What do i do with the main power supply that is coming off the pole when siding that section? This is my first house with over head electric supply. any advice on this area would be greatly appreciated as well.

Thanks Todd



Grumpy said:
Use carbide tipped blades and you will need both saws. Also consider some dust collectors.

Primed is the minimum you can buy. Prestained is nice because you get a color warranty and it is coated on all sides which means even if you decide to change the color the back and butt joints are less prine to delamination and water penetration.

I definetly encourage everyone to buy the prestained product because it will be cheaper that hiring a painter and like I said above it's staed on all sides which makes it a better product. A painted can only face paint.

For trim boards I encourage miratec instead of the hardie. It is a composite product and I think it just looks better, plus takes paint/stain better as well.
 

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If you can't slide the siding behind the electric conduit/pipe then what you have to do is take some trim board and miter cut one end. Butt that mitered end up to the pipe and seal with a HEALTHY dose of caulk. Then butt your siding against the trim piece as you would any trim piece.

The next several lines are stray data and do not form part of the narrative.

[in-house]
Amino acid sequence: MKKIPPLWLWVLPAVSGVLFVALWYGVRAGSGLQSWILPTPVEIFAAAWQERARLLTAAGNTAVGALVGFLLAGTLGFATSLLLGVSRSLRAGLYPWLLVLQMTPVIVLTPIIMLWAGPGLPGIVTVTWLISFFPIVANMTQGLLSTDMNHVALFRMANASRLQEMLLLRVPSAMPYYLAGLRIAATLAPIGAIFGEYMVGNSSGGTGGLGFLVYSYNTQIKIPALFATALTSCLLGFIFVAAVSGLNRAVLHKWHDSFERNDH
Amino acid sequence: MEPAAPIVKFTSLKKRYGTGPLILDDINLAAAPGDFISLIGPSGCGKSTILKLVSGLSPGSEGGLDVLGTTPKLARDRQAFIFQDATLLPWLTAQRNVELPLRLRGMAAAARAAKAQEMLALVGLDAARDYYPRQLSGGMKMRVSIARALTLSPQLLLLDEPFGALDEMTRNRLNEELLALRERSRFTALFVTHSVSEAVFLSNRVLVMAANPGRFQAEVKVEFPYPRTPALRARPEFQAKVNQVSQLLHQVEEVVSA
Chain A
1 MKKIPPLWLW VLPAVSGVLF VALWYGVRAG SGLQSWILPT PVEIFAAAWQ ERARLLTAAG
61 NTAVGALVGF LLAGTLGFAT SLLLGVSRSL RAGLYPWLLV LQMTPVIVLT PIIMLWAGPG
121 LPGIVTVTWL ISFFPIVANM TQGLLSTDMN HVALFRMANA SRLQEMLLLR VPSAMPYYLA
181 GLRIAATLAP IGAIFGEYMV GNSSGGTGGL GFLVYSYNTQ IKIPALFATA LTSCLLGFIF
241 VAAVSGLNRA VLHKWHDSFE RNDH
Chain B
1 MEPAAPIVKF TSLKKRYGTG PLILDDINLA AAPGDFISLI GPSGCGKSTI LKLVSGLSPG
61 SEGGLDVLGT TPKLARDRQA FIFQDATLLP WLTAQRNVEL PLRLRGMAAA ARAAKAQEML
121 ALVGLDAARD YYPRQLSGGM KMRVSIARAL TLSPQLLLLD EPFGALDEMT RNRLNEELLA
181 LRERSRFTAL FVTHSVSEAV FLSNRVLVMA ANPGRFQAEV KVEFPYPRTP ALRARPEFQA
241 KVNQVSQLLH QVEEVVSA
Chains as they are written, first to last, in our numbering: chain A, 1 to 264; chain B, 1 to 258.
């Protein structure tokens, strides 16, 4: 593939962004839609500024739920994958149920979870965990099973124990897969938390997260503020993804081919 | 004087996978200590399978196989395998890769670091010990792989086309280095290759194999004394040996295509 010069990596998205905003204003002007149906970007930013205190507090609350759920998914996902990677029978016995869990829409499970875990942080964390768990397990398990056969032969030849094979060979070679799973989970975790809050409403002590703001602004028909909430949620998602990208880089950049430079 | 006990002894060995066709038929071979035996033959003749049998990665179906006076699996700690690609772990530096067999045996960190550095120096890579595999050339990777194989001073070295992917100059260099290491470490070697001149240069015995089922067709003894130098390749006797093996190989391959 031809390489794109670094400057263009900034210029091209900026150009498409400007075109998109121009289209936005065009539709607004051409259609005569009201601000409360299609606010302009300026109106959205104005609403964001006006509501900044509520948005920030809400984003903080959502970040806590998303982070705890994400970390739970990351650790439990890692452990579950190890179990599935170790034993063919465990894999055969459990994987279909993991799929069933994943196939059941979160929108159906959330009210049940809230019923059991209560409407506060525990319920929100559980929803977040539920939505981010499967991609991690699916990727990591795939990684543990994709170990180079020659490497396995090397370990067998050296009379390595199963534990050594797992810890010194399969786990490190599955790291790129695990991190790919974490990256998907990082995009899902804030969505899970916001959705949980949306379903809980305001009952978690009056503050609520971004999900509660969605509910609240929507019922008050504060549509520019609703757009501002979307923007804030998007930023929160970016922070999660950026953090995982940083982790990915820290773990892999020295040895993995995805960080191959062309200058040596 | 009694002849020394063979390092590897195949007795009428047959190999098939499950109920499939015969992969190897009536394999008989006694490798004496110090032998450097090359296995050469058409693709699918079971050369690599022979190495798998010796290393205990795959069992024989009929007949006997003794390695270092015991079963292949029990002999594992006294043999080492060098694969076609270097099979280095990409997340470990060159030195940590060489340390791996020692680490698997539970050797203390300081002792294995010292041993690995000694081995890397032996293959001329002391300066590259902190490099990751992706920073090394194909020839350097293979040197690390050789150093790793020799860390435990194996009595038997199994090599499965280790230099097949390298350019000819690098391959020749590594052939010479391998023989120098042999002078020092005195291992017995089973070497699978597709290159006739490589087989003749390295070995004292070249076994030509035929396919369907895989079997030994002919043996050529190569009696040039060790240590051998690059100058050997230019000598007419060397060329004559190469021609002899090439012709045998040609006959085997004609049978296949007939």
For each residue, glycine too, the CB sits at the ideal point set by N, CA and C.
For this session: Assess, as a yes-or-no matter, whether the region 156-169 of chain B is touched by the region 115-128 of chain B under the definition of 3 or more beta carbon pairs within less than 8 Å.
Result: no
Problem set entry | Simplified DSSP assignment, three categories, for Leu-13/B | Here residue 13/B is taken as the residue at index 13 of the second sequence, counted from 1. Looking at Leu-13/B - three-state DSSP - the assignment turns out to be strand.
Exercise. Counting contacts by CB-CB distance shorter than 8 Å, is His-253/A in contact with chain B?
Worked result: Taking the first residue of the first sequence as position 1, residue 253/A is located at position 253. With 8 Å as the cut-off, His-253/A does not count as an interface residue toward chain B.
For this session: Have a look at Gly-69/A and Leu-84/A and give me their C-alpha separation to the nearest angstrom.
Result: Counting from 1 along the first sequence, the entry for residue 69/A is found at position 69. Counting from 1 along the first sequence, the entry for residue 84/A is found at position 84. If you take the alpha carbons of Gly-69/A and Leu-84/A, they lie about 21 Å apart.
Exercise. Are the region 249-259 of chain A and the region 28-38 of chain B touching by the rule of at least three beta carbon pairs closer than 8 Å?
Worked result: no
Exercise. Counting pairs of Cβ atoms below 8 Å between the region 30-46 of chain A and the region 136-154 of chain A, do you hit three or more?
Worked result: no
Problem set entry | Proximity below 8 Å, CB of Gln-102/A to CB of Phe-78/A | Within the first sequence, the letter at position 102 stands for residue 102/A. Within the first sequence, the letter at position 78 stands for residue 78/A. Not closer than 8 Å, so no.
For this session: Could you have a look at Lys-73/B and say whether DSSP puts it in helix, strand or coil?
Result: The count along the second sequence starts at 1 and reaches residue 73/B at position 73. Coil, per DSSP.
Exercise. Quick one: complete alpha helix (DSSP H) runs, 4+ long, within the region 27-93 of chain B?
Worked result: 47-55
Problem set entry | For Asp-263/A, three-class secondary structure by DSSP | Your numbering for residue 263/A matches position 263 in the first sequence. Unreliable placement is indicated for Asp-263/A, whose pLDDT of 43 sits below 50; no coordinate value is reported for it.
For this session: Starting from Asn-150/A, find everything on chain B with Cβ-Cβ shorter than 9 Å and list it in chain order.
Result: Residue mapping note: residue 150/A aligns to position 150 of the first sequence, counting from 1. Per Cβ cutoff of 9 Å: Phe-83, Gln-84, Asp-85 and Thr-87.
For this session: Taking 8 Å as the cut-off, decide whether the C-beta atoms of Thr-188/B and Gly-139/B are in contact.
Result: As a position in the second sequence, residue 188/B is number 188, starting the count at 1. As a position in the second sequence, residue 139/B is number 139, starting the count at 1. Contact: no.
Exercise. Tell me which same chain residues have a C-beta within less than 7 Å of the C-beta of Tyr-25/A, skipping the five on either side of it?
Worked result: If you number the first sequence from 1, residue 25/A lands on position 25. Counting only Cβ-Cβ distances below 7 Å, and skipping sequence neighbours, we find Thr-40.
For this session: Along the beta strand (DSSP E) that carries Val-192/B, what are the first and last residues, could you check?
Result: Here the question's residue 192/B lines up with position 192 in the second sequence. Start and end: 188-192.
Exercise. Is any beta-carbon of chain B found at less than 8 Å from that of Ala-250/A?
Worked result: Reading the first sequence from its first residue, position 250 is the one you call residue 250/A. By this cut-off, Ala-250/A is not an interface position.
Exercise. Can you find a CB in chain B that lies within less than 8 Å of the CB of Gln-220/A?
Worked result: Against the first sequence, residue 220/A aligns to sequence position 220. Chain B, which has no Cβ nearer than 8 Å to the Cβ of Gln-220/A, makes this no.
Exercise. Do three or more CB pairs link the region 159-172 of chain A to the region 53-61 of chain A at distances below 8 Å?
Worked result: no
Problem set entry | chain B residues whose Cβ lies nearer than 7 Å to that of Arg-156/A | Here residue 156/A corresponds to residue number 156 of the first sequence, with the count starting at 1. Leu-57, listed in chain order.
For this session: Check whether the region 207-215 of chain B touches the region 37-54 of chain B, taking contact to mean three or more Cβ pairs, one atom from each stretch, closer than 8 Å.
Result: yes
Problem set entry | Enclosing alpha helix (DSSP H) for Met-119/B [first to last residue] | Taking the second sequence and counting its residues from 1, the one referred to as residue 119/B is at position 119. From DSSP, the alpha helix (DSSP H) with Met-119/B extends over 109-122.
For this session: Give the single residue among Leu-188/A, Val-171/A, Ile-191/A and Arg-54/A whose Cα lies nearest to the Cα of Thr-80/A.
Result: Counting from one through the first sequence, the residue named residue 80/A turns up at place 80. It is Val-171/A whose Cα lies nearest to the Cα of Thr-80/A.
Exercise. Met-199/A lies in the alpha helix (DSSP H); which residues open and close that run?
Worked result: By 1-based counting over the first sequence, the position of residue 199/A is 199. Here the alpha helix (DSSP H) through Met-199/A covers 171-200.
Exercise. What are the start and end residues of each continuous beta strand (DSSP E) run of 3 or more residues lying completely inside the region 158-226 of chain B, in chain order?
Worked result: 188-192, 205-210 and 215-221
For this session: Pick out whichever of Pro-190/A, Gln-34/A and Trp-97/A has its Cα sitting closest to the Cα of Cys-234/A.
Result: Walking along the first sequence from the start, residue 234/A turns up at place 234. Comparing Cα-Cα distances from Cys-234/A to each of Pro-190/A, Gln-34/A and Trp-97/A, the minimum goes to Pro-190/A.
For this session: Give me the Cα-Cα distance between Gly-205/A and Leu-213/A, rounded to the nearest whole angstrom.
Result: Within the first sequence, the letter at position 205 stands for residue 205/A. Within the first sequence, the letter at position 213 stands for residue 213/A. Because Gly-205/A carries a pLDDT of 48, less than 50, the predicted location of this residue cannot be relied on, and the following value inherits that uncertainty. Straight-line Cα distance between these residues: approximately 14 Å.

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Sorry Grumpy but I like painting this product. I feel it lasts much longer being fiber cement. One coat primer two coats paint.

Use a typical circular saw with concrete blade. Don't ever use good compound miter saw for this because of the concrete dust. For corner boards and freeze board they also make a fiber cement product. Make sure to use 5/4" thick so the overlapped siding doesnt stick out.

For installtion I use a roofing nailer with 1 7/8" nails @ 16' oc.
 

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Y'all didn't mention caution with the dust. Hardie's website says to be really careful not to breath the dust because it contains silica. I also think I read somewhere about electric shears that do a pretty good job cutting?

Oh, and do you really mean 16' OC Pondman? I didn't know the boards were that long!
 

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pondman said: